But, here in America we have not been led by politicians alone. There have been many American leaders in business, entertainment, and religion that have helped lead us to where we are today. Our American social and political system allows us the freedom of choice. We are free to try to lead and we are free to follow whom we will. As a student of history, I have noted many individuals, some well known, some not so well known, who I feel have been leaders of historical consequence. These leaders are important to me because they influenced, for the better in my opinion, how we live in America today, politically, socially and religiously. And because I deem it important to understand the importance of good leadership in our society; to recognize its qualities in our fellow Americans; and to embrace it, developing those qualities in our individual lives, I have written some short histories, spotlighting individuals who, to me, epitomize leadership in America. I am sure there will be some who may initially disagree with some of my choices, be it for their personal political or religious persuasions, but hopefully they will consider my reasoning and be influenced by my arguments to see their merit. But, after all, it is a free country and we are free to see great leadership where ever we choose. The following are some of my choices.

Roger Williams
December 21, 1603—April 1, 1683

Roger Williams is believed to have been born December 21, 1603 in London, England--the records of his birth were destroyed in a later fire. A child of merchant-class parents, Roger entered an apprenticeship in his teens to jurist, Thomas Cooke. Cooke was taken enough with Williams that he became his patron for education, eventually sending him to Cambridge. Williams excelled in foreign languages, including: Dutch and french, and the ancient languages of Greek, Latin and Hebrew. At the age of eleven, Williams had spiritual conversion. He later took holy orders in the Church of England, but deciding that the Church of England was corrupted and teaching false doctrine, he eventually became a Puritan while at Cambridge. He married Mary Barnard in 1629, with whom he shared six children--all born in America--and in 1631 he brought his bride to America.

Upon arrival to American, Williams was invited to become the minister of the church at Boston. However, Williams was uninterested in the position, declaring that the church there was still too unseparated from the Church of England, that civil authority should not punish infractions against Ten Commandment laws, like idolatry, Sabbath breaking and blasphemy. He also preached that all should be free to worship according to their own convictions and that freedom of religion and separation of church and state were fundamental to true Christianity.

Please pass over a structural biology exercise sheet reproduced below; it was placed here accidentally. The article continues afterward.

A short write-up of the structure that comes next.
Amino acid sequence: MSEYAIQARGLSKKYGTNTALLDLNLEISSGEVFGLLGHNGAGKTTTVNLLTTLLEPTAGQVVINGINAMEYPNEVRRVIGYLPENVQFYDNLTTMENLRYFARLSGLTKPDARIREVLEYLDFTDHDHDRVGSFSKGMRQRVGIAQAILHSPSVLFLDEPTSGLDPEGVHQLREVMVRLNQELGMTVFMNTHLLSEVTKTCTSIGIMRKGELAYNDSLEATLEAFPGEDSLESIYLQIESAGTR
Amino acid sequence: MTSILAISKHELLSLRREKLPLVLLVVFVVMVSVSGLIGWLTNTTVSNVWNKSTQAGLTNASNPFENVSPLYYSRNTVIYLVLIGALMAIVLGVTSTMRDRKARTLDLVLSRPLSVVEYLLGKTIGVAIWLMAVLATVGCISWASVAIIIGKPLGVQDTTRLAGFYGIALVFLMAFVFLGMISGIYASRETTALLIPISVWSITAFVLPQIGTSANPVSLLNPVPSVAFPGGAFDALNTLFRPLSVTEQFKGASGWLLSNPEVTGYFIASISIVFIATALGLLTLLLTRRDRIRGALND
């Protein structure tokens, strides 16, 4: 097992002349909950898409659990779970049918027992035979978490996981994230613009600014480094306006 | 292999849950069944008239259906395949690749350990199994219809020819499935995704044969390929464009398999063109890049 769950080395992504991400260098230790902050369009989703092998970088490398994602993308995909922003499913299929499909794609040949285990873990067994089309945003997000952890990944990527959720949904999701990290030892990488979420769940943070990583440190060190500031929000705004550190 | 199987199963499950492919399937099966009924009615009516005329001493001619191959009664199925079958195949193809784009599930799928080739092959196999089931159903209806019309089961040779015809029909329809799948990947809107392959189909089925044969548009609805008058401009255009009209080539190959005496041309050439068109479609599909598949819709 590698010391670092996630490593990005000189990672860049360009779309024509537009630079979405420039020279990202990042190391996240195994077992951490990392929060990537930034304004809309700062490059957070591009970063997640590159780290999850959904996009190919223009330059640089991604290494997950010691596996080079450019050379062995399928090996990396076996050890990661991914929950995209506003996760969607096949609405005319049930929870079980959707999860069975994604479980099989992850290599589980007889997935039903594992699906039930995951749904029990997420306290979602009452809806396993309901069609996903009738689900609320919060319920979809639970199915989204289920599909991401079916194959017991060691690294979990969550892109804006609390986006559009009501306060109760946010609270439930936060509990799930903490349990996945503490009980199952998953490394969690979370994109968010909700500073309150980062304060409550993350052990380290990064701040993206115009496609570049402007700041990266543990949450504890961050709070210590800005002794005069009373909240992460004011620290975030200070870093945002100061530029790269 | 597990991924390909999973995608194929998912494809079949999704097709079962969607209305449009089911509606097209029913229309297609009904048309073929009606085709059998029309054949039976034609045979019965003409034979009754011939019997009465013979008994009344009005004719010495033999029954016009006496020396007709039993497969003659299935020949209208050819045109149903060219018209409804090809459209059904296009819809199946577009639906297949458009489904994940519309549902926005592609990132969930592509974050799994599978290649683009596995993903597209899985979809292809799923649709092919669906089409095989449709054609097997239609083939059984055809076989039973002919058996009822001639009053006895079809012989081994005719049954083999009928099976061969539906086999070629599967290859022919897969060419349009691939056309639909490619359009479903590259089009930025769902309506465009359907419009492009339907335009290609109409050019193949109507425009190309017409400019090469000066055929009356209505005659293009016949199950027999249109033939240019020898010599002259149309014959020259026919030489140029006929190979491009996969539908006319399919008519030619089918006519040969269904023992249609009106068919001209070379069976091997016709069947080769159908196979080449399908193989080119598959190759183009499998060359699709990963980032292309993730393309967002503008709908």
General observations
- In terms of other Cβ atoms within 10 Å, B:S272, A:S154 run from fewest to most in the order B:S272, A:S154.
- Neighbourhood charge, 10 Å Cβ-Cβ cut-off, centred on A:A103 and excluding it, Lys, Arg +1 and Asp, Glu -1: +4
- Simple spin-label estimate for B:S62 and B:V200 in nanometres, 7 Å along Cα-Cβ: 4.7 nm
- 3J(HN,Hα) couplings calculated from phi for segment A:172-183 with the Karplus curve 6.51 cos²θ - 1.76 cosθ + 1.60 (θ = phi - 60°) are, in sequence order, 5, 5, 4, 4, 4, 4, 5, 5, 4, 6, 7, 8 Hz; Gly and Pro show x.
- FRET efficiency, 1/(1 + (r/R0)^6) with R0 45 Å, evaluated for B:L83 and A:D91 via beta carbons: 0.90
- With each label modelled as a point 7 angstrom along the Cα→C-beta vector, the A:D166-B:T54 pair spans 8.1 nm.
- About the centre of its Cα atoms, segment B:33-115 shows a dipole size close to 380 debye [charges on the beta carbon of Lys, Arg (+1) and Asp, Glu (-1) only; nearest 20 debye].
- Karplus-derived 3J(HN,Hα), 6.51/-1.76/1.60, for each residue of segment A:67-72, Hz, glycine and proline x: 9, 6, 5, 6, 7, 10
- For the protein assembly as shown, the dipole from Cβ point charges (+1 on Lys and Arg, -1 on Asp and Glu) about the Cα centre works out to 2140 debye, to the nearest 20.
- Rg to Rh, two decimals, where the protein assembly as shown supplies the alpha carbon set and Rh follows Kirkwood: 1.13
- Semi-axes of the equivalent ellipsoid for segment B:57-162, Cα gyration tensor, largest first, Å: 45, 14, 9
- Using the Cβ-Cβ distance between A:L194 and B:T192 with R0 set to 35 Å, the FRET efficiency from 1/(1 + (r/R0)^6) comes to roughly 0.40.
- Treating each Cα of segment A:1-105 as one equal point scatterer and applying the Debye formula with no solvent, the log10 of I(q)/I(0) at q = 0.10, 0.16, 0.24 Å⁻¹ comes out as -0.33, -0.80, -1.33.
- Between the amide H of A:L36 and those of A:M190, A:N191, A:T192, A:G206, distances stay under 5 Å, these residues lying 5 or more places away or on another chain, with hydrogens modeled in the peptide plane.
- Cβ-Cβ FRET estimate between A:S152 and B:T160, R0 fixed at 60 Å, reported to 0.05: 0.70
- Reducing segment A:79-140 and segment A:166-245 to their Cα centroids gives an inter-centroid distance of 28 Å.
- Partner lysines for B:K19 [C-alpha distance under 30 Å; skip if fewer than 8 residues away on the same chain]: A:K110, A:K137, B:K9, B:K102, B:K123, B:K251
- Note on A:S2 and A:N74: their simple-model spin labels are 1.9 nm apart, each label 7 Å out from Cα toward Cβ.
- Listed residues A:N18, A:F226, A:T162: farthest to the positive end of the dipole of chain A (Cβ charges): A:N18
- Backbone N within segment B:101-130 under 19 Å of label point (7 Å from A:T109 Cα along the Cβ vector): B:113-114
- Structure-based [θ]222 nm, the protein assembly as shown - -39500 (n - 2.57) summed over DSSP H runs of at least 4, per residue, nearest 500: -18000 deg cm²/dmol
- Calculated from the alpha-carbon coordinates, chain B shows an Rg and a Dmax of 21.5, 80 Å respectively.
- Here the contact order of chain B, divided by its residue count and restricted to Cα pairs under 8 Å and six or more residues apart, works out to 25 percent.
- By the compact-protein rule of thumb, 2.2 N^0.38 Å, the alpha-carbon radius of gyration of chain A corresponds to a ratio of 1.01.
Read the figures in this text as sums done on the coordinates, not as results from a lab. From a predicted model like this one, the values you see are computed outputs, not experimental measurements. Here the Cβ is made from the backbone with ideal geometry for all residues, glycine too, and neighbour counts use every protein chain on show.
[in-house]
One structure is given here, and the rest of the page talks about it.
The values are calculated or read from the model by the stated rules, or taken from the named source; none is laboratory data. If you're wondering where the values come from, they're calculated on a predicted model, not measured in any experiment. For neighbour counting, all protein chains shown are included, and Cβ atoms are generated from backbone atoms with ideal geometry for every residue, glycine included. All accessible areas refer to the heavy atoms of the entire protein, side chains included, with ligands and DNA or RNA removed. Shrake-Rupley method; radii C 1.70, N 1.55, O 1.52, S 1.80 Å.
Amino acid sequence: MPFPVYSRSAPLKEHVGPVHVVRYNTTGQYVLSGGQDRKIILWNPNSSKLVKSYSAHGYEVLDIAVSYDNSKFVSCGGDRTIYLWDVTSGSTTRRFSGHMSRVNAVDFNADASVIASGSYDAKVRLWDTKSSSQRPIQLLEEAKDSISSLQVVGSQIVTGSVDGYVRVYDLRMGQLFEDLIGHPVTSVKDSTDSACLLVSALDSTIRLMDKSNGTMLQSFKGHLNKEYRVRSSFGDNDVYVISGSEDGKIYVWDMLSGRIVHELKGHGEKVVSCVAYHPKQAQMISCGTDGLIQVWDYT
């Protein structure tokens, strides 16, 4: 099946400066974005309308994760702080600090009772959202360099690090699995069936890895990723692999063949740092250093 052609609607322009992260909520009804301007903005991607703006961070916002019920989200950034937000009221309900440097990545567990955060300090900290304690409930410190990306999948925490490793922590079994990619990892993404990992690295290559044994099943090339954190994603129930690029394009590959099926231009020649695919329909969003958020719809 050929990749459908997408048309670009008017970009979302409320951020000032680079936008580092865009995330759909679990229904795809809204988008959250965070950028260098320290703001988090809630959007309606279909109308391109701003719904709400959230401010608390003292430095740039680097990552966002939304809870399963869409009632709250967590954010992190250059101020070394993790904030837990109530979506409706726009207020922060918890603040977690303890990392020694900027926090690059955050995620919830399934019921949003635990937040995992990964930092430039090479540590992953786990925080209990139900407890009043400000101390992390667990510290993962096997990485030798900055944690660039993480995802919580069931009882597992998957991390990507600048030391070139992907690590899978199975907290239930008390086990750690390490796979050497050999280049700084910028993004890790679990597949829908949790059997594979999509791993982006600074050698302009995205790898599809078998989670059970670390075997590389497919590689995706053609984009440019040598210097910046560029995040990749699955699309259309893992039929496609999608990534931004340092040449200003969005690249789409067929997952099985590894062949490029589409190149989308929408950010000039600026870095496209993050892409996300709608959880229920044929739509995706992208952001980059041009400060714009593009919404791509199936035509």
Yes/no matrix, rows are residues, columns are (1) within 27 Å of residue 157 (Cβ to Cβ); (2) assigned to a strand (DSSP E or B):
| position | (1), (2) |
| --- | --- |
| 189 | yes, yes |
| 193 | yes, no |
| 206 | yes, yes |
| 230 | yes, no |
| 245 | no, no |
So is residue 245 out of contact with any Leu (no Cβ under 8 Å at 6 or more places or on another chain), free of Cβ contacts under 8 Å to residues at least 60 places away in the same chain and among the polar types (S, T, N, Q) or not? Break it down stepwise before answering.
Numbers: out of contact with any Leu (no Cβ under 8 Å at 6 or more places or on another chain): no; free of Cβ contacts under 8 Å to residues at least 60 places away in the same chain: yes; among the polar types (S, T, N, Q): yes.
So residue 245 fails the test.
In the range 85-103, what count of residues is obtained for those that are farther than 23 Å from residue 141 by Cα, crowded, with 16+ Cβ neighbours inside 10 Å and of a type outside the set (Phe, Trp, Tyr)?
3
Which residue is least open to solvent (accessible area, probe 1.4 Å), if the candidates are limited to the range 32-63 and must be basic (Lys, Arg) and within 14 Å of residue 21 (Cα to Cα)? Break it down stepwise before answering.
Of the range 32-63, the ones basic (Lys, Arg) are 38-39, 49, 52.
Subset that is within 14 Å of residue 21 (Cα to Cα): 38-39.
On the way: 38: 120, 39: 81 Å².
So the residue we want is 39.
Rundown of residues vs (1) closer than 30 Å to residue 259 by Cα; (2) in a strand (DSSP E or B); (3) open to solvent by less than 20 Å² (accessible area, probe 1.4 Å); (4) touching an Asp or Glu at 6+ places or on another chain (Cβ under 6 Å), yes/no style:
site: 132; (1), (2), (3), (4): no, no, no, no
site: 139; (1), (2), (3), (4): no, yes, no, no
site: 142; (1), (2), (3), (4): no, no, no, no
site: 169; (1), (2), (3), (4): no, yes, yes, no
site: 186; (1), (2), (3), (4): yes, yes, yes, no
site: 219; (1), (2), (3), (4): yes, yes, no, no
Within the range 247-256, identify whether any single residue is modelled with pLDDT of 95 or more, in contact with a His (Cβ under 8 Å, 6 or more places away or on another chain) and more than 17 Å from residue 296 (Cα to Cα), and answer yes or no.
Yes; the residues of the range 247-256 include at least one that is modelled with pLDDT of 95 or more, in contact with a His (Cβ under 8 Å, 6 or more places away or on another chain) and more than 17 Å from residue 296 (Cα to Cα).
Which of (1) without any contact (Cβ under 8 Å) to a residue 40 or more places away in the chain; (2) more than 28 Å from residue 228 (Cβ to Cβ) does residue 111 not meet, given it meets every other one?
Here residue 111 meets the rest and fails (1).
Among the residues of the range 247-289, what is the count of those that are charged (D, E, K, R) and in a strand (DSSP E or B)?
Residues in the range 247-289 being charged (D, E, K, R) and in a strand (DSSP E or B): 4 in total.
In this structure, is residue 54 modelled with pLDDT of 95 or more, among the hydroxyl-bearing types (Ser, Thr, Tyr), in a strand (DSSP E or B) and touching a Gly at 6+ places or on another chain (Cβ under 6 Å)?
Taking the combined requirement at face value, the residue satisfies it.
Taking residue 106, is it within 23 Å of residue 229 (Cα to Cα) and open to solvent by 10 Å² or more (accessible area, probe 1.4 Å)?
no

Much has been made of the founding fathers coming to the North American continent looking for religious freedom. Though those of our forefathers that came to the New World first were indeed able to enjoy religious freedom, it is ironic that in most cases they were unwilling to make similar freedom available to those who came after them. Unlike other New England Puritan leaders like Congregationalists John Winthrop, John Eliot and John Cotton, Roger Williams felt that the “New England Way” of religion was tied too closely to the state.

Williams opposed compulsory church attendance and interference by the government in religious beliefs fearing that such meddling would only corrupt the church. Roger Williams was well respected by most every one of his peers, but his questioning of the legality of congregationalism and his insistence that church and state remain separate were judged subversive and ultimately led to his banishment from Massachusetts.

Williams journeyed south and proverbially put his money where his mouth was. Purchasing land from the Narragansett Indians, Williams started a new colony named Providence and invited all dissenters from Orthodox Puritanism to move there. Although its Puritan critics called this new settlement, which became Rhode Island, “Rogues’ Island”, those seeking freedom for their own particular brand of worship streamed into the colony. In some 15 years it grew to accommodate 800 plus settlers and was considered the only colony in New England that practiced religious toleration. Though it was too often imperfectly practiced throughout some periods of our American history, Williams' idea of religious toleration would become the American ideal.